Ciao! My name is Christopher Forte. My paternal grandfather's parents immigated from Palermo in the early 1920s and settled in Brooklyn, New York. My paternal grandmother's parents came from Naples and before that they were Albanians who fled there to escape the Turks. Her parents immigrated to the US much earlier, in fact we have a photo of my great-great-grandmother standing somewhere in New York State in 1890. It was in Brooklyn that these two families, my grandparents, met.
There they had at least one and maybe two of their four kids, including my father. My grandparents and great aunts and uncles knew personally or knew of many famous Italians from Brooklyn before they found fame and I will discuss that in a later post. Including, by the way, a few wiseguys. And during WWII one of my relatives, who was not yet a US citizen, was told by the FBI to go back to Italy or get arrested. Wanting their independence from my great-grandparents and to escape the brutal Winters of New York, they moved out to California in the early 1960s and this is where my father grew up. They first lived in Whittier, a suburb in LA County, then in the 1970s they moved to the Orange County community of Yorba Linda. My mother was not Italian, but her background is just as interesting. Her family was on this continent before the Revolutionary War and we have documented evidence of a distant cousin that fought in the Civil War. Unfortunately he fought for the Confederacy. They eventually lived in Florida. My mother was abused horribly as a child, being found chained in a closet by the authorities, and so was eventually adopted by a conservative Christian family in Whittier, CA and that is where and how my parents eventually met.
My father was a Reagan Republican who was very assimilated and so the Italian heritage didn't really inform any part of his life. He wasn't ashamed of it, it just never really occured to him because he grew up as a middle-class White American from a conservative Republican family and was raised in a time when everyone was expected to be 100% American. (No hyphens!) Sure, there were still some Italian traditions in our lives, especially when we visited my grandparents, like the music at most family gatherings being that of the likes of Dean Martin and Frank Sinatra, a plate of pasta with the Turkey on Thanksgiving, lasagna and meatballs on Christmas, and my grandparents speaking Italian with friends and family when they didn't want me to understand, but I never thought I was any different from any other White kid of whatever ancestry, be it German, French, or whatever....we were just Americans...and according to all the schools I ever went to I was just a White American. No one ever called me Italian American. In fact in my late teens I did realize and become proud of my ancestral background and when a US Census taker back in the year 2000 was at our home asking my ethnicity, I answered "Italian American." She said, "Oh, you're White." I corrected her, "No, I'm ITALIAN AMERICAN." I was attending very culturally diverse schools and upon seeing all my Hispanic friends know of and show off their heritage, I asked myself what I was, where my family came from? And so on. And so it was in high school, in the late 1990s, facing a multicultural society, that I discovered my family's Italian heritage and decided to make it a bigger part of my life.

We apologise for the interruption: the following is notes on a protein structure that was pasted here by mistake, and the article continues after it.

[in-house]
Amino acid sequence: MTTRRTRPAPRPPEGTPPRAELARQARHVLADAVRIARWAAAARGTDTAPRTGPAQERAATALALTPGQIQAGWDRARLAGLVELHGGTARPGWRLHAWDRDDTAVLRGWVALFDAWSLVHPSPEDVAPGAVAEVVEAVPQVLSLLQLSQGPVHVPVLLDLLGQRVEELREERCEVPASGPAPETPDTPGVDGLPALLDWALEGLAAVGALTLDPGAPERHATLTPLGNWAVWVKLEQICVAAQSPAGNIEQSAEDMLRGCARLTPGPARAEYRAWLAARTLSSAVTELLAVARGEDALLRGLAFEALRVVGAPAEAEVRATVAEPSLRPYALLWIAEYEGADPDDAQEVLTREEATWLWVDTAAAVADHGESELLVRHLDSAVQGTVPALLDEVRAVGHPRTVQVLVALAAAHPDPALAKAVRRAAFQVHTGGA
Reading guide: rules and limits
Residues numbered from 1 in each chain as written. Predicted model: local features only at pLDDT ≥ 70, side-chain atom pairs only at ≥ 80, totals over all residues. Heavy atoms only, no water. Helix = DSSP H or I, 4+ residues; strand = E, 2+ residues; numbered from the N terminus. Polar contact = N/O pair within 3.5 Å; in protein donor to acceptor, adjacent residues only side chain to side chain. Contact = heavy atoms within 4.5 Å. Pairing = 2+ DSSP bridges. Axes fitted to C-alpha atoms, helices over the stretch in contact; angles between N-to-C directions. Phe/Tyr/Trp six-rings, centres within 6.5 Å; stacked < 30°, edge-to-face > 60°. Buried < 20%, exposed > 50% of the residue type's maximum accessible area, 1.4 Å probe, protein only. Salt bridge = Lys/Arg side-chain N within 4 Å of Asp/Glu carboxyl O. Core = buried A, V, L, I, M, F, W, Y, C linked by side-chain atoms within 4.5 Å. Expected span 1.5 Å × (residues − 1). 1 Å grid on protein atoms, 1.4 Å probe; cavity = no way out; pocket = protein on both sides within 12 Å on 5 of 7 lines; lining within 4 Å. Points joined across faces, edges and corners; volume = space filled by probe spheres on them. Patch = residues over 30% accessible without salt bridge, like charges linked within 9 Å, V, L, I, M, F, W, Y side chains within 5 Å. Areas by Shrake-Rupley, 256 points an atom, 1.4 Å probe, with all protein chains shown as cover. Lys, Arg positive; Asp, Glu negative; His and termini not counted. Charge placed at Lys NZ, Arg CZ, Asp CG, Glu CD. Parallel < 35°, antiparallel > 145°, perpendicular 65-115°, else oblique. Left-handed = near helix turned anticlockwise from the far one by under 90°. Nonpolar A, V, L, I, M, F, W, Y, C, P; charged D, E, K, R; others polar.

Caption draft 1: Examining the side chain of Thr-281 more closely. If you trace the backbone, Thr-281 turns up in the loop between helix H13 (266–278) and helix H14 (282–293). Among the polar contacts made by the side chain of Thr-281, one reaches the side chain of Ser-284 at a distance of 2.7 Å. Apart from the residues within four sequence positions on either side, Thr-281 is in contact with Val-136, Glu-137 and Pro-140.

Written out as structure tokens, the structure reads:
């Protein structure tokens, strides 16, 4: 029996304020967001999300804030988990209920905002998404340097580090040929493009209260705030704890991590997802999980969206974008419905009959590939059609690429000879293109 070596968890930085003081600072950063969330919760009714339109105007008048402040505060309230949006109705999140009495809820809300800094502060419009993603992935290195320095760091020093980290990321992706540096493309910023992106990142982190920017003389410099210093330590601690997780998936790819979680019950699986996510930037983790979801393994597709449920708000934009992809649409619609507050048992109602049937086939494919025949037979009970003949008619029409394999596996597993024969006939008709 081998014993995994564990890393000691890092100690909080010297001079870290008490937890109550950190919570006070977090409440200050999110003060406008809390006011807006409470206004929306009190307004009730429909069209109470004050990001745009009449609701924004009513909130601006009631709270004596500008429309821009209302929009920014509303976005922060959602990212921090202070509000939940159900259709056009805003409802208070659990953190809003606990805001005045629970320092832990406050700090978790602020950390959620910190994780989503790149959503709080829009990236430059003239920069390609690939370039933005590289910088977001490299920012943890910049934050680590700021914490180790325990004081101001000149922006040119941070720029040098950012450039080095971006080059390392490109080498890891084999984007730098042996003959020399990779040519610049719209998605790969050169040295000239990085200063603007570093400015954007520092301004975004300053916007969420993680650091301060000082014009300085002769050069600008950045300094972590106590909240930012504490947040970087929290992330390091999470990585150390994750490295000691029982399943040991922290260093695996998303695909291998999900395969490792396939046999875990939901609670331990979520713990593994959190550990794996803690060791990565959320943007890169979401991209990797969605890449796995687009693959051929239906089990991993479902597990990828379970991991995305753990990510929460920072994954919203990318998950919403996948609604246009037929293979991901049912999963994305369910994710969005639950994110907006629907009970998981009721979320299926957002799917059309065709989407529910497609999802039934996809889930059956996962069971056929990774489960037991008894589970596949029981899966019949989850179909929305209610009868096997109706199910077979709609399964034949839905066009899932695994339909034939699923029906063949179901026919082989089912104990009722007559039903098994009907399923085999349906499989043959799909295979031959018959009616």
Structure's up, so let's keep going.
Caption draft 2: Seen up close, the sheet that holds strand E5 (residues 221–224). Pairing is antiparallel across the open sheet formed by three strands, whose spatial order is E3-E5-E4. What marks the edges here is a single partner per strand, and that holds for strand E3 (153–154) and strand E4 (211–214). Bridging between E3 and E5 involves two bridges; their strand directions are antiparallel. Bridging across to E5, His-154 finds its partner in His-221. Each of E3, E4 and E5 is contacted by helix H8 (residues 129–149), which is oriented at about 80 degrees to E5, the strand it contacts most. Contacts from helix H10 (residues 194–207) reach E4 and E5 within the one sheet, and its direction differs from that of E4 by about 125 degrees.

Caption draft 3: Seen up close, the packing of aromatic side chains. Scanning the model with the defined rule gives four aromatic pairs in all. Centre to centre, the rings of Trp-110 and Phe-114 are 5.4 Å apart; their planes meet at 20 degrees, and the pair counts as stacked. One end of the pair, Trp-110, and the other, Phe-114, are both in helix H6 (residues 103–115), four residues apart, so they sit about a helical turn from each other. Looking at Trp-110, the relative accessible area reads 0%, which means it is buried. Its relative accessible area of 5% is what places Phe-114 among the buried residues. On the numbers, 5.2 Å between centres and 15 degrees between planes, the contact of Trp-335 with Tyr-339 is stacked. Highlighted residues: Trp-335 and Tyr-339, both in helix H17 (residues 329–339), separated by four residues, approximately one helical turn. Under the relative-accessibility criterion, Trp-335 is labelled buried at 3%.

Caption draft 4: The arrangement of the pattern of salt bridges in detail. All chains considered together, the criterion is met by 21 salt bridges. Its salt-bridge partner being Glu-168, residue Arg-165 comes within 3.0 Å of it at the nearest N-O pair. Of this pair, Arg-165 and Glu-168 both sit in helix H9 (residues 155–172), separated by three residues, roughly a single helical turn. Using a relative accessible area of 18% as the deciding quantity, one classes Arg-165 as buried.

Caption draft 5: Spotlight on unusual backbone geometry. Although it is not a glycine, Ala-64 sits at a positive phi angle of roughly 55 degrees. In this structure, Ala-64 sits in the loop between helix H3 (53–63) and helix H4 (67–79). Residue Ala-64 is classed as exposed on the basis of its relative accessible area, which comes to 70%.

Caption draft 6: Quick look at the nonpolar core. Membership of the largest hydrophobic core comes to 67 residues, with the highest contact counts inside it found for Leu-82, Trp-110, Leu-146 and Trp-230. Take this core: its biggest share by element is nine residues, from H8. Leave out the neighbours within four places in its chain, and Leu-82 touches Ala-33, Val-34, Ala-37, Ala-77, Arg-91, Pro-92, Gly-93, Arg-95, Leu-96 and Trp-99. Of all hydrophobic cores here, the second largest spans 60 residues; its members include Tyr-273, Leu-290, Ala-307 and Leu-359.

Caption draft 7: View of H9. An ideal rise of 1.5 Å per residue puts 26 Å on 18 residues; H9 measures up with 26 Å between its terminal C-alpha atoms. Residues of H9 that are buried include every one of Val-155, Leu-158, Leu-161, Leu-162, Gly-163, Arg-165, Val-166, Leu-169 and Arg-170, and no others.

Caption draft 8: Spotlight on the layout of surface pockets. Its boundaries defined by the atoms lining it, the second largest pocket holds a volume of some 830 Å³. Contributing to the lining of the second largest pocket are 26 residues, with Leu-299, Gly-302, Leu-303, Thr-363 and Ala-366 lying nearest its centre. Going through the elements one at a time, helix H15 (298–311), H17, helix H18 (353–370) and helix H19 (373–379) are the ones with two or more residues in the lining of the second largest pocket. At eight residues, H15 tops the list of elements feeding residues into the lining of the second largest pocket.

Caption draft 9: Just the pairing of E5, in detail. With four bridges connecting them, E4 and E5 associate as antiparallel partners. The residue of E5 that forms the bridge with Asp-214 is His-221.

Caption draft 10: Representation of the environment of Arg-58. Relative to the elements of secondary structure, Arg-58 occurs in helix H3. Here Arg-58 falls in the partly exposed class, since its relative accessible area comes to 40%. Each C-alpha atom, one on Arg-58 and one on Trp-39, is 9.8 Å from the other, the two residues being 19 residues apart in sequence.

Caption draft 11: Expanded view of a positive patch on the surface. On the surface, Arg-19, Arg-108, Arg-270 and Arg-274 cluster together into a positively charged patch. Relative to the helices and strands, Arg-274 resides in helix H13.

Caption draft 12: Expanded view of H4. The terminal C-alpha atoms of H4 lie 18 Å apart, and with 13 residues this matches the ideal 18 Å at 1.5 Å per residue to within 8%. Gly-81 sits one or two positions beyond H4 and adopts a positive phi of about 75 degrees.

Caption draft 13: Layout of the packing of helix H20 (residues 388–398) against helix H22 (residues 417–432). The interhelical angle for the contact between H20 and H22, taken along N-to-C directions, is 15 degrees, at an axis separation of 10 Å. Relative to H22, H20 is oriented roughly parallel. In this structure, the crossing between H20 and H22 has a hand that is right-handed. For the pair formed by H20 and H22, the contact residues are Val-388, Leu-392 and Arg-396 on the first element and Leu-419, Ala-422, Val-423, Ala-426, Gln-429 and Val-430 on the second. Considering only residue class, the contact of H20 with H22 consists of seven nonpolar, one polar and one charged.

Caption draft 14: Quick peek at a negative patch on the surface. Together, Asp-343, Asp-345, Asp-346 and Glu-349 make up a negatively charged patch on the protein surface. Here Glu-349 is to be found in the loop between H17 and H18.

Today, at the age of 42, I am the Facilities Coordinator for the Amici House, which is San Diego's Little Italy neighborhood event and heritage center which is run as part of the Heritage program of the Convivio Society, I also sit on the Convivio Society's Little Italy Heritage Commission, am a member of the House of Italy, the Former 2nd Vice President of the Italian Catholic Federation ICF Branch #230-Our Lady of the Rosary, and am a volunteer for the Little Italy Association and am very active with my church, Our Lady of the Rosary Catholic Church, an Italian National Parish. I am in the process of re-joining the Sons of Italy (now the Sons and Daughters of Italy) (OSDIA) and am a former Silver Council Member of the National Italian American Foundation (NIAF) and a former member of the National Italian American Sports Hall of Fame (NIASHF). I am in the process of joining San Diego's Italian American Civic Association (IACA) but the pandemic has set them back a bit. I am also working on my own blog and hopefully a printed magazine about the Italian American community here in California that you can view at theitaliancalifornian2.blogspot.com (it is a work in progress...the pandemic and my new job I had to take because of it impeded my work on it).
My quest, my mission, the goal of my blog and of my presence here, is to preserve, celebrate, promote, and share the Italian American heritage of California with the world. I do not see my work in competition with any other Italian and Italian American publication, indeed I want to promote those publications and media, like this almanac, and help them thrive. The more exposure the Italian American community gets, the better. We have the same goals, and I want to be an additional voice and advocate achieving those goals. "A rising tide lifts all boats," so the saying goes, and I just want to be a part of that tide. So I hope you welcome me here, that I make many friends with our similar interests and learn about whatever part of the Italian heritage and story in California still missing from my research and life.